I don’t know of any type of lines that do not stretch with load. I also do not find any definition of towline material other than the “launching cable”. (Inextensible??? where did that come from? I don’t find that term in current or 2004 FAI rules)
There are no characteristics described other than it must be less than 50 meters under a 5 kg load. I have measured stretch with different towline materials, but can’t remember where I filed the data. As mentioned previously, even with 150 lb monofilament, it stretches a bunch, and tends to reduce in diameter and lengthen permanently.
Some people use composite lines, kevlar and monofilament, spectra and Russian rod, etc. I don’t see anything outlawing a bungee chord for pulling back with 100 lbs of force on the ground and catapulting it at the launch.
I have been satisfied with the 1mm polyester (Russian rod) for several years, and it has not changed in length over several contest seasons. I use a loop of vinly tubing at the end for gripping during launch.
[Maximum length of launching cable loaded by 5 kg….. 50 m ]09/15/2008 at 12:03 am #46345
Well, it’s in MAAC rules and it surely used to be in SMAE rules back in the past, though that may have changed since.
MAAC quotes: “Inextensible as herein applied may be taken to refer to such material as may be classified “nominally inextensible”, and for simplicity should be applied to eliminate the use of lines so obviously elastic as to give an unfair advantage in their use, the ultimate purpose of the towline being to launch the aircraft from a maximum of 164 feet above the contestant “
Now that ultimate purpose seems, to me, to be the objective of all models commencing flight from a common altitude. It’s likely that when other rules merely established a 5kg pull test without such accompanying provisos it was never thought that towline gliders would exceed that figure, the lack of which removes ‘unfair advantage’ from the concept and now leads to a practice that infers that 164 feet is no longer a maximum launch height.09/15/2008 at 8:17 am #46346AnonymousInactive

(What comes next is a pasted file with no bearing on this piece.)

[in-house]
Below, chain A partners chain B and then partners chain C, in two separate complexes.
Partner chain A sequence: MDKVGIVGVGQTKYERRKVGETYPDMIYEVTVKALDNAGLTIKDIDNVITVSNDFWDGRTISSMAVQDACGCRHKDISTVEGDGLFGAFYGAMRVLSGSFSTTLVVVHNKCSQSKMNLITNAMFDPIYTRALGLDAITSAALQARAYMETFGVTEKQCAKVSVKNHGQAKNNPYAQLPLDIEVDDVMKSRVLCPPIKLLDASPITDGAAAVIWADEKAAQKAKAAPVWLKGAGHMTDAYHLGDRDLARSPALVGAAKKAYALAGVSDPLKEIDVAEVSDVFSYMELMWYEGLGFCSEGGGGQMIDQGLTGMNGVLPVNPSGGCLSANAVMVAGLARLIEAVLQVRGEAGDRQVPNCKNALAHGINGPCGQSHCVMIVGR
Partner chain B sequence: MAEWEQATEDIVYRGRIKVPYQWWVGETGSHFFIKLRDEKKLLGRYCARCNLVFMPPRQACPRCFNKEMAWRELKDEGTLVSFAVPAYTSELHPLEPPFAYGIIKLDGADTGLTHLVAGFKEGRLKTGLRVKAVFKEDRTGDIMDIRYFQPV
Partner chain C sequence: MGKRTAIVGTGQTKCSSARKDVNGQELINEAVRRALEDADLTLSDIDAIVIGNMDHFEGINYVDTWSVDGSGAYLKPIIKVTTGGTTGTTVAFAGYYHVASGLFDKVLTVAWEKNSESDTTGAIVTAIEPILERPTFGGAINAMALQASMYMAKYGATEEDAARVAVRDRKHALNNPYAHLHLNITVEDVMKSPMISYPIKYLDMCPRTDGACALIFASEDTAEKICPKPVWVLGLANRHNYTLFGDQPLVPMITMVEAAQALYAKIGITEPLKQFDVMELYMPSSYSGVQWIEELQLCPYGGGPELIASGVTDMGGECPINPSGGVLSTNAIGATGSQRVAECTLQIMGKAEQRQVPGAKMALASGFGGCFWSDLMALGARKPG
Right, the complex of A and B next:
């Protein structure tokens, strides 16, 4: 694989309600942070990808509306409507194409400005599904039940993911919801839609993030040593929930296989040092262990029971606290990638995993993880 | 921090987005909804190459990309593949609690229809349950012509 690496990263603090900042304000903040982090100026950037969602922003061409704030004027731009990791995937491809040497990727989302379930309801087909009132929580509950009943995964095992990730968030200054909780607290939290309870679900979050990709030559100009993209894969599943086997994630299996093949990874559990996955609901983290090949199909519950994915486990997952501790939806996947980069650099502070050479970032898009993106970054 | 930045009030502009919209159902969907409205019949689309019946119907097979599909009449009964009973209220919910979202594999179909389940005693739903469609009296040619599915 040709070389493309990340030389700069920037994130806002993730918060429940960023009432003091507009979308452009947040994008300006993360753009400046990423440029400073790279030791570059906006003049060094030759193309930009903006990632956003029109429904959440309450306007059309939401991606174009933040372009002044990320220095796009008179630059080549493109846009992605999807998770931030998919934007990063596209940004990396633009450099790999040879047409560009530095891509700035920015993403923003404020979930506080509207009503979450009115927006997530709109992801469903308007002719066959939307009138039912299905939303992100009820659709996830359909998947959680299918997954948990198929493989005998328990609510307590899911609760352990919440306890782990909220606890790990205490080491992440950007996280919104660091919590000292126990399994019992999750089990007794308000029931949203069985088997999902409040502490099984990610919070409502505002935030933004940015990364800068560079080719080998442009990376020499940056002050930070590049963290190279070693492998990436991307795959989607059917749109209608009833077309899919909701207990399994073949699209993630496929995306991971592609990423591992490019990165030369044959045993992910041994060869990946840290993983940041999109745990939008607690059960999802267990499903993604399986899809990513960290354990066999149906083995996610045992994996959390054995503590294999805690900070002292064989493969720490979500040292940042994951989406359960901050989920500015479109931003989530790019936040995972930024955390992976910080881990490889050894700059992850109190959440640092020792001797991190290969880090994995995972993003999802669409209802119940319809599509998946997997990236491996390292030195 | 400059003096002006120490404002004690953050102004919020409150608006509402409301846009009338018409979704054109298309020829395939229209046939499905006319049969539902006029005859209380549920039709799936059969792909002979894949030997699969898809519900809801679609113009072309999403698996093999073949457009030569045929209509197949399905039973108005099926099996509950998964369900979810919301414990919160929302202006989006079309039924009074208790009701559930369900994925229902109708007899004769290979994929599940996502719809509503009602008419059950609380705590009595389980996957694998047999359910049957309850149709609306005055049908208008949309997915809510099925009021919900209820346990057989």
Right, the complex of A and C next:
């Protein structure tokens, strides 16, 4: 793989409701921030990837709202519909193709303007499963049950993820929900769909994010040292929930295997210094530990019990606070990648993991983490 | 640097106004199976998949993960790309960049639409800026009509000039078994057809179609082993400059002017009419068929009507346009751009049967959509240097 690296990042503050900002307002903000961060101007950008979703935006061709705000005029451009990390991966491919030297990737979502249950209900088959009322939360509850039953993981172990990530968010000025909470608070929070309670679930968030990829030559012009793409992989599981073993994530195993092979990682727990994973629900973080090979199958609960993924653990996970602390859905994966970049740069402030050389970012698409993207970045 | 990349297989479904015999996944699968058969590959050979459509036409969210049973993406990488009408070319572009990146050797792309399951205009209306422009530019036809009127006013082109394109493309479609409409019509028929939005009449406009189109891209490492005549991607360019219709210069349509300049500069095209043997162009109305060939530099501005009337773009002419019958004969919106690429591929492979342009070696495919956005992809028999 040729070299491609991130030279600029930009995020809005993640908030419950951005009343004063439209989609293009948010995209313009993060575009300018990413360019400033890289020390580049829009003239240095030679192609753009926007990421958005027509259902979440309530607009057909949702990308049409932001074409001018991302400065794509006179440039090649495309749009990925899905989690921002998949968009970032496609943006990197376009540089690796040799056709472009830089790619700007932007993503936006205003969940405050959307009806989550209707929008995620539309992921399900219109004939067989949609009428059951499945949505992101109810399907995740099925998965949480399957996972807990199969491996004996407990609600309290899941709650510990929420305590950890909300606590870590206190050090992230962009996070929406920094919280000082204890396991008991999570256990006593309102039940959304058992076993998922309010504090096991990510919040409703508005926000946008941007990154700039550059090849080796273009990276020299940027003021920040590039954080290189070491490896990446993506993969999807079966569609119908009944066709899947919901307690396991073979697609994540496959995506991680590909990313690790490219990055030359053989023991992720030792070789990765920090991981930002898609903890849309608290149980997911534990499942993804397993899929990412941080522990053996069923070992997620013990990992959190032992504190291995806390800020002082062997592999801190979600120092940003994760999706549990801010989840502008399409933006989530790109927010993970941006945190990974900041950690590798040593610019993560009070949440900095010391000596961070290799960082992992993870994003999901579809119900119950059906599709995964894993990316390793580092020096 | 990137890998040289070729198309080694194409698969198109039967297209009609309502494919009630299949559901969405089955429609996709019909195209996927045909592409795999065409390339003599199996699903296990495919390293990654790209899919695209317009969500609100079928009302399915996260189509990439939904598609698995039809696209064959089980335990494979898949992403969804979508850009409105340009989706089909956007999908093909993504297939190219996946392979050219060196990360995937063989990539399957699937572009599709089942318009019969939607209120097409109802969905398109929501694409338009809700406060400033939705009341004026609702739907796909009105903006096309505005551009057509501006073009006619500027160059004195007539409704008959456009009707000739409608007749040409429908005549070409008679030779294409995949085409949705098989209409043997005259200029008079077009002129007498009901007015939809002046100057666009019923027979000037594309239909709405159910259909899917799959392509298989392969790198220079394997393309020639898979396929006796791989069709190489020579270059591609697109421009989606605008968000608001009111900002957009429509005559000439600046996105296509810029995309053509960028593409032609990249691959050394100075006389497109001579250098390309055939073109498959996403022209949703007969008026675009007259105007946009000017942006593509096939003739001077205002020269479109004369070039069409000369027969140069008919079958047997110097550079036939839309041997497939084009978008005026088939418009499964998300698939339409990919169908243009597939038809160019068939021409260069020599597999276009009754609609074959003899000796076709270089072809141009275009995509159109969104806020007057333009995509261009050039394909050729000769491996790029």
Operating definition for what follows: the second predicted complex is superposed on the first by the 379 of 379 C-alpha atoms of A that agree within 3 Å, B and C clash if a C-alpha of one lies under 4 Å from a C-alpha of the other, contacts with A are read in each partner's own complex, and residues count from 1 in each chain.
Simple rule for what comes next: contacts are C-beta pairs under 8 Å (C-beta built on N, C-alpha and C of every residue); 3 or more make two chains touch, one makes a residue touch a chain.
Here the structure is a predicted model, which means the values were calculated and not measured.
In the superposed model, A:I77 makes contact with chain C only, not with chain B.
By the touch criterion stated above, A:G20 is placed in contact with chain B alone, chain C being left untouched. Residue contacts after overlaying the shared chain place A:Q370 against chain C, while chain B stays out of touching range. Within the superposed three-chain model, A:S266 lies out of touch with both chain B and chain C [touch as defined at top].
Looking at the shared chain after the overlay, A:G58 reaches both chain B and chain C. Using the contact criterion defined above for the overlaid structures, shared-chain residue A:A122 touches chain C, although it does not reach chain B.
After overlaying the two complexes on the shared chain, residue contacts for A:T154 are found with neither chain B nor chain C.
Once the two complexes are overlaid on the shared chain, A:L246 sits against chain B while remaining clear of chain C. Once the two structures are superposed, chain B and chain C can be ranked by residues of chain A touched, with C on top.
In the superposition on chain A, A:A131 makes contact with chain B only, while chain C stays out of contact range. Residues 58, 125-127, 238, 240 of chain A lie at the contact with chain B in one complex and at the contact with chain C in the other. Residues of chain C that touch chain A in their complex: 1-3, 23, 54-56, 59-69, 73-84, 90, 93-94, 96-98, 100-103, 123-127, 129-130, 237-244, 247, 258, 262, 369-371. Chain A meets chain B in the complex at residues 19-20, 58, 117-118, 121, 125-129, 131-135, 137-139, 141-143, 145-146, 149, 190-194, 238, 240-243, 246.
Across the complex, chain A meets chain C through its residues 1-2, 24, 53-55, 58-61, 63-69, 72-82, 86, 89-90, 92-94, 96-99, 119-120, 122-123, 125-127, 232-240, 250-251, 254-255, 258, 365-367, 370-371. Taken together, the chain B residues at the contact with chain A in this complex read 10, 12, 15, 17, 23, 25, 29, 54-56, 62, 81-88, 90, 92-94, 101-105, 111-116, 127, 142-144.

“Inextensible ” has an engineering conotation meaning that, er it is inextensible ie doesn’t stretch. No material has this atribute as it infers an infinite tensile modulus which is impossible. This is why the line pull test came in I guess. Not sure the word appears in the Sporting Code or not.
“Honogenious” appears in many definitions of towlines. This means (in context) made of a single material so anyone who flyies to rules with that phrase and uses two materials tied together is, er, technically a cheat. Of course I wouldn’t use the ‘c’ word myself and suggest no one else does unless they want a knock on the door from a lawer.10/15/2008 at 6:30 am #46347Lee HinesParticipant
“Honogenious” appears in many definitions of towlines. This means (in context) made of a single material so anyone who flyies to rules with that phrase and uses two materials tied together is, er, technically a cheat. Of course I wouldn’t use the ‘c’ word myself and suggest no one else does unless they want a knock on the door from a lawer.
I am quite sure some years ago I asked Ian Kaynes about joining two
[or more]materials to make up towlines.
As I recall, he said this had been addressed, accepted and appears in
CIAM meeting minutes.
Maybe Sporting Code was never amended thusly.